Friday, 6 April 2012

Dhal Stuffed Paratha

I made these with leftover tarka dhal. They make a good supper or snack with Indian pickles and raita, served straight from the frying pan.

500g chapatti/ atta flour, plus extra for dusting
pinch salt
1 tsp vegetable or other flavourless oil
about 300ml water, enough top make a soft dough.
Leftover dhal- it needs to have a dryish texture
Melted ghee, a few tablespoons.

Mix the flour with the salt and oil. Slowly stir in enough water to make a soft dough. Cover and leave for about 30 minutes.
Divide them into 8-10 pieces. Dust some flour onto a board, and roll one piece into a 7cm circle. Put a tablespoon of dhal in the centre. Gather up the edges of the dough to the centre and form into a ball again. Re-roll out to a 16cm circle. Repeat with the other pieces of dough.

Heat a griddle or heavy based frying pan. Put an uncooked paratha in the pan. Turn in over after a minute, and brush with ghee. Turn over again, a brush the other side with the ghee. Turn it over a few times while cooking, it should be golden brown and crispy on both sides when ready. Repeat with the rest of the uncooked paratha.

Wednesday, 4 April 2012


Pissaladière is niçoise street food, a pizza-like creation topped with caramelised onions, anchovies and black olives. I made it with a bread-dough base which I think is more common, but sometimes shortcrust pastry is used instead. The combination of salty anchovies and sweet onion is incredibly morish, and it's good hot or cold. Although it is tradionally street food, I like making it for a meal at home, maybe with some salad and cheese on the side.

For the dough:
300g bread flour
1 tsp salt
2 tsp dried yeast
4 tbsp olive oil
Lukewarm water
For the topping:
2 tbsp unsalted butter
4 onions, peeled and finely sliced
2 tsp chopped thyme leaves
1 small jar anchovies in oil (you probably won't need it all)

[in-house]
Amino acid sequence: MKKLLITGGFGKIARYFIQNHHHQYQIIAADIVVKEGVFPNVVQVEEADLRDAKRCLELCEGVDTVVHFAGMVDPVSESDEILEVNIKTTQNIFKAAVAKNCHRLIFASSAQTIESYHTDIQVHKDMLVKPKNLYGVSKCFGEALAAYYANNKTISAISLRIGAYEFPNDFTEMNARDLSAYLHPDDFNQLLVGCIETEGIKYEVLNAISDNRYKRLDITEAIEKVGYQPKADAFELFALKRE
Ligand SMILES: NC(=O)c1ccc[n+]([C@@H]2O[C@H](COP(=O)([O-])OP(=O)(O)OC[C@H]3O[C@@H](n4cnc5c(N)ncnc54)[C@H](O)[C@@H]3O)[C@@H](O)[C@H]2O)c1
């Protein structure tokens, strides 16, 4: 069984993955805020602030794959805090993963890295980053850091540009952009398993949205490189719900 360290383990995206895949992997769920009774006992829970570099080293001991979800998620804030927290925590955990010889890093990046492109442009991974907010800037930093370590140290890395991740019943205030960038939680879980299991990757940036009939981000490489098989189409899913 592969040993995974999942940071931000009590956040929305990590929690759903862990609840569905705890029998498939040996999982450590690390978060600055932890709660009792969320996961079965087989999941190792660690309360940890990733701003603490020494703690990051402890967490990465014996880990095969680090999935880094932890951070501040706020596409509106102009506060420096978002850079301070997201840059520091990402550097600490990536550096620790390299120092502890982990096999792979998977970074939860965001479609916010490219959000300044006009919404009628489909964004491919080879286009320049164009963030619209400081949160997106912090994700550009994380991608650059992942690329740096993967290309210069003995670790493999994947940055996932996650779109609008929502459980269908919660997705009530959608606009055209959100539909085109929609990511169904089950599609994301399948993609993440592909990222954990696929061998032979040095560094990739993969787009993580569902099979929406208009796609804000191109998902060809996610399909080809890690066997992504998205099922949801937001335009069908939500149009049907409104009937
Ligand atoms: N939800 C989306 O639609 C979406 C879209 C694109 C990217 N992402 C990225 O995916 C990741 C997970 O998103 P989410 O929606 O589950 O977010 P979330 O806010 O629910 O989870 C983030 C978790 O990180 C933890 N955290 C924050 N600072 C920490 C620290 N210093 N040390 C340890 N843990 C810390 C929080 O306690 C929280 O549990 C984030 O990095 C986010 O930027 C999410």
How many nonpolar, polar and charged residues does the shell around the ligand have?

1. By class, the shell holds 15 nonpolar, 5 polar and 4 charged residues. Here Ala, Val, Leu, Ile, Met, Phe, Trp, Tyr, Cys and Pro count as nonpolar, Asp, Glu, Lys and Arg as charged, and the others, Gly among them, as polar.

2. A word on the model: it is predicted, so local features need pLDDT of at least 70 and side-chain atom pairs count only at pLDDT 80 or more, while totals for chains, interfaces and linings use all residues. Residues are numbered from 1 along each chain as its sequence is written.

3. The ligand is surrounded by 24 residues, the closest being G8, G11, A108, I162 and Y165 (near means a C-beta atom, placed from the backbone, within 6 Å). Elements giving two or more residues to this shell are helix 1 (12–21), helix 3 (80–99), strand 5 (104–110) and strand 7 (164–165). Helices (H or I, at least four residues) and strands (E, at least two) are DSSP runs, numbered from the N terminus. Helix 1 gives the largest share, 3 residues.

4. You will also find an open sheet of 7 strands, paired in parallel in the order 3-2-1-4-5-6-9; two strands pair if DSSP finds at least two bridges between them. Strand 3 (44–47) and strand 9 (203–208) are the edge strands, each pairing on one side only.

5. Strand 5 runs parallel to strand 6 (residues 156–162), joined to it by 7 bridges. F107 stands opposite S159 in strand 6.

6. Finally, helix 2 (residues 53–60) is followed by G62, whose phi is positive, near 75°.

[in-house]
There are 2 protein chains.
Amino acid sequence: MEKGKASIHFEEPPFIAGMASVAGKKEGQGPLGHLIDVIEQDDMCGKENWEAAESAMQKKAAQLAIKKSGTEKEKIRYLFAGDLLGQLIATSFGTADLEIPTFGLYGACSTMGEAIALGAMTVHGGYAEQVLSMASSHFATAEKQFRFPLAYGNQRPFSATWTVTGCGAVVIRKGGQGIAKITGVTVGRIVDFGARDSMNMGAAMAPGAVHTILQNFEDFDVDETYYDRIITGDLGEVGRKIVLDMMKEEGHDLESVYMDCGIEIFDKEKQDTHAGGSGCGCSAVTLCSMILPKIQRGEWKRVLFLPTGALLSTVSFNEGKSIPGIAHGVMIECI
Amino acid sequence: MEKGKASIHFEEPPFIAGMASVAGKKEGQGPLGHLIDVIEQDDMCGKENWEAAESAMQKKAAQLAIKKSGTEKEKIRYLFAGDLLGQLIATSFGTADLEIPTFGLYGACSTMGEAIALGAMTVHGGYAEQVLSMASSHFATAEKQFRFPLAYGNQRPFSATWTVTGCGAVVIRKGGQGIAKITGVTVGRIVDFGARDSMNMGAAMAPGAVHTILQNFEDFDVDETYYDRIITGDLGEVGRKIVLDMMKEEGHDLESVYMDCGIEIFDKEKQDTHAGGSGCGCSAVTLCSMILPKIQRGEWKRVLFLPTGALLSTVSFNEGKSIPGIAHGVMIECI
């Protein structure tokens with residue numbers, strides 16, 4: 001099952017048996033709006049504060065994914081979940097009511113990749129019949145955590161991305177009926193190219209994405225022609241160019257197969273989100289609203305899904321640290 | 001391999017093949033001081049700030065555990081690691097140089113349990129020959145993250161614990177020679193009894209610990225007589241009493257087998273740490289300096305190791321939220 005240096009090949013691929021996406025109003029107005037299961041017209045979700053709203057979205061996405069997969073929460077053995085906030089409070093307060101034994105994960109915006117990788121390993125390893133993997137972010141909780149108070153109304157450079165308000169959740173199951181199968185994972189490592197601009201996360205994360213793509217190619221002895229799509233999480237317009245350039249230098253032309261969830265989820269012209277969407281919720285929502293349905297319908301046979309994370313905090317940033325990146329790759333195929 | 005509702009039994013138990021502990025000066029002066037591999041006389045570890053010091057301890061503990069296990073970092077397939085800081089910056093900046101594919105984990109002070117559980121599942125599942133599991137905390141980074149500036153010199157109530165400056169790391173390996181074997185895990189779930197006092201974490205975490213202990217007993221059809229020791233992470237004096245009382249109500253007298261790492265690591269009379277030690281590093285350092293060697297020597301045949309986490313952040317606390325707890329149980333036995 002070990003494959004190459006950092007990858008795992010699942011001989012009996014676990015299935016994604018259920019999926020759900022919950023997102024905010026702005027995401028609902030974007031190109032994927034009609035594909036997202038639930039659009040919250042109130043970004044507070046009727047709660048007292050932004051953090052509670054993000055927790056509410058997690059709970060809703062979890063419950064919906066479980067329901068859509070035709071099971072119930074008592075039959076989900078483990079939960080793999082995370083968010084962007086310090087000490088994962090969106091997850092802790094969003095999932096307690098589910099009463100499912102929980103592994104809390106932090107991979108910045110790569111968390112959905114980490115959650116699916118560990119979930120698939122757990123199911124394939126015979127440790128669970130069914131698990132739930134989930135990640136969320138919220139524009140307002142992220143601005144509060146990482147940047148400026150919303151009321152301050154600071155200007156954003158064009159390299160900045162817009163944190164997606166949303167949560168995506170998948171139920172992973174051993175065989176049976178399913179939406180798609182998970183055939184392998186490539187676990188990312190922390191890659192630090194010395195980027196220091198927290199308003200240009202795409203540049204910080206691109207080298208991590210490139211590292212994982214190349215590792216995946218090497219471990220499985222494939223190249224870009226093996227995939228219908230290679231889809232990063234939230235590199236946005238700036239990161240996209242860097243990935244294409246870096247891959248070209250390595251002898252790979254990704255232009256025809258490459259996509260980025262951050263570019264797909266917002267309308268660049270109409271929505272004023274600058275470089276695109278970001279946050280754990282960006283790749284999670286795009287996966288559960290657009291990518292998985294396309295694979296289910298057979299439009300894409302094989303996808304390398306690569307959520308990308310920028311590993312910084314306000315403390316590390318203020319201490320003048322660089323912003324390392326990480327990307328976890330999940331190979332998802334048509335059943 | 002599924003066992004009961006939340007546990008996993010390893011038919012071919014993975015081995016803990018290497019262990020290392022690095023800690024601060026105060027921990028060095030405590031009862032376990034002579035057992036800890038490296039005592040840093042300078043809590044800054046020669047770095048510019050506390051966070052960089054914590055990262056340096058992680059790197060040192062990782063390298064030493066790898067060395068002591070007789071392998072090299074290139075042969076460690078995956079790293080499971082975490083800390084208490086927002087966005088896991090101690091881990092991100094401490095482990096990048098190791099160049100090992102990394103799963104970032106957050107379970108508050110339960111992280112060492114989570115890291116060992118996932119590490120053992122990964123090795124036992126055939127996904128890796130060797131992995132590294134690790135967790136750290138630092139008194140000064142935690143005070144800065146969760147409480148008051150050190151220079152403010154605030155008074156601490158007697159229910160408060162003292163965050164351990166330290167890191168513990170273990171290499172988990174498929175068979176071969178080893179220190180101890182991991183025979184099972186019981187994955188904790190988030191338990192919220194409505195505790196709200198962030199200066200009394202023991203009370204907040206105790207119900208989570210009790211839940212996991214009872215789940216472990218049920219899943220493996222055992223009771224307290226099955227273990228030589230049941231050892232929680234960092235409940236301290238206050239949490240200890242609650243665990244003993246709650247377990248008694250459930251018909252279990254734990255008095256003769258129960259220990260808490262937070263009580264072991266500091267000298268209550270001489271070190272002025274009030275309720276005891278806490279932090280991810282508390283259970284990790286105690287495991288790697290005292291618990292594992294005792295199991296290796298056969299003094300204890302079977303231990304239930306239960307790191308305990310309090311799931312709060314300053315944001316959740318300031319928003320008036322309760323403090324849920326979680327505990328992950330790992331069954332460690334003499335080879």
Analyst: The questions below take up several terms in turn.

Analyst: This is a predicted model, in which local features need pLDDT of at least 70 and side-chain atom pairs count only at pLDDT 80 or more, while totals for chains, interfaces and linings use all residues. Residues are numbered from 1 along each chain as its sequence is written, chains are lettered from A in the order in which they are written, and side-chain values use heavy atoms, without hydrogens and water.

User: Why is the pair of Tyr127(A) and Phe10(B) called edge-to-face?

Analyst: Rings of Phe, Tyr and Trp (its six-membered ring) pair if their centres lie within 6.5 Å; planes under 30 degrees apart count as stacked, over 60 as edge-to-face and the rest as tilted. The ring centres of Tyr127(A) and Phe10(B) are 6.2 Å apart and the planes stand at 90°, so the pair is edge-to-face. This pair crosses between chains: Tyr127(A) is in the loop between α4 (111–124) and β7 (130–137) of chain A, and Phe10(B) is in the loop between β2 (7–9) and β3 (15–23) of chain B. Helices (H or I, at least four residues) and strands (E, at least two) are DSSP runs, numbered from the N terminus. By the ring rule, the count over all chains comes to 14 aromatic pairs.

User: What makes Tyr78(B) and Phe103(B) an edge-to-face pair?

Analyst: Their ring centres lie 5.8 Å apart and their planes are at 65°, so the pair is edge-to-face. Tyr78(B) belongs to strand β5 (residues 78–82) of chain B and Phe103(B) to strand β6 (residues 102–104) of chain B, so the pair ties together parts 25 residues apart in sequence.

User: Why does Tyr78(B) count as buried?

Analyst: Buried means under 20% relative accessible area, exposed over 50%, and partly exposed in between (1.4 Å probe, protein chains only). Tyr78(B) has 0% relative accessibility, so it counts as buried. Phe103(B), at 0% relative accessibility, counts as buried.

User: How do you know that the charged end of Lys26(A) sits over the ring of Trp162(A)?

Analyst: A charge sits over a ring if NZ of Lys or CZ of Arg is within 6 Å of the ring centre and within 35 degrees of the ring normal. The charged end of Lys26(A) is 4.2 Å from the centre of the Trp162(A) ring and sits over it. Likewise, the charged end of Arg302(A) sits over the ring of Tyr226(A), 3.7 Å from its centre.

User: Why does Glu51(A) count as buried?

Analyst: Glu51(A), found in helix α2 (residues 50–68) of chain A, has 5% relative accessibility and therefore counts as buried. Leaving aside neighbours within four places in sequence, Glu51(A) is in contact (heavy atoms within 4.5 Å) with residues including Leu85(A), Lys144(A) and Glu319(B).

approx 15 black olives, pitted

Start by caramelising the onions. Melt the butter over a low heat, and add the onions. Cook very slowly over the lowest possible heat until golden and melting, almost crushable with a wooden spoon. They should be an oniony mass, not separate slices.
Put the bread flour in a bowl with the salt and yeast. Stir in the olive oil and enough lukewarm water to make a soft dough (about 250ml). Form into a ball, put in a clean bowl and cover with clingfilm. Leave to rise until doubled in size, 1-2 hours.
Preheat the oven to 220 C. Chop 4 of the anchovies with the thyme leaves, very finely. Mix with some of the olive oil to make a spreadable paste. Roll out the dough to a rectangle of about 5mm thickness, and put on an oiled baking sheet. Spread with the anchovy paste. Top with the onions, spreading evenly over the dough. Halve some of the anchovies lengthwise, and make a diamond criss-cross pattern with them on top of the onions. In the centre of the diamonds, place an olive (the decoration is not, of course, essential, you can just dot the olives and anchovies around as you like). Bake for 10-15 minutes. Eat warm or cool.

Monday, 2 April 2012

Courgette, Goats' Cheese and Thyme Risotto

Slow cooking in olive oil and butter coaxes the flavour out of courgettes, I think it is the best treatment for them. I really recommend cooking them separately and then stirring into the risotto at the end of cooking instead of chucking them in with the onions and garlic. It does involve an extra saucepan, the courgettes will end up watery and flavourless, leaving you wondering why you used them in the first place.
I had a little cream left in the fridge that needed using up, so I added it to the risotto at the end. It's still rich without it though, so whether you use it or not is up to you.

3 medium sized courgettes
Olive oil
2 tsp lemon juice
1 onion, peeled and chopped medium-fine
2 cloves of garlic, peeled and finely chopped
500g risotto rice
small glass dry white wine
1.5 litres chicken or vegetable stock
4 tbsp parmesan, + extra for the table
200g soft goats cheese, crumbled
2 tbsp cream (optional)

Finely slice the courgettes, and slowly fry in a knob of butter and a tsp of olive oil. Turn from time to time, but mostly let them gently cook by themselves until they're melting. In the last five minutes of cooking add in the chopped thyme. Take off the heat and squeeze over the lemon juice, and season with salt and pepper. Set aside.
In a heavy based saucepan, melt another spoonful of butter and fry the onion and garlic in it over a medium low heat until softened. Put the stock in another saucepan and bring to a simmer. Turn the heat up under the onions, and stir in the rice. Cook for about a minute, stirring, so that the grains 'toast' slightly. Pour in the wine (keep stirring), and once it has absorbed into the rice, add the first ladleful of stock. Once that has absorbed, add another ladle of it, and so on. Stir all the time, so it cooks evenly, and to achieve the lovely creamy texture of a good risotto. Once the rice is cooked (soft but not mush) stir in the courgettes, Then take off the heat and add another spoon of butter, the 4 tablespoons of parmesan and the cream, if using. Mix it in, put a lid on the pan, and leave for 2 minutes. This final stage is the mantecura, the thickening of the risotto. Sprinkle over the goats cheese just before serving.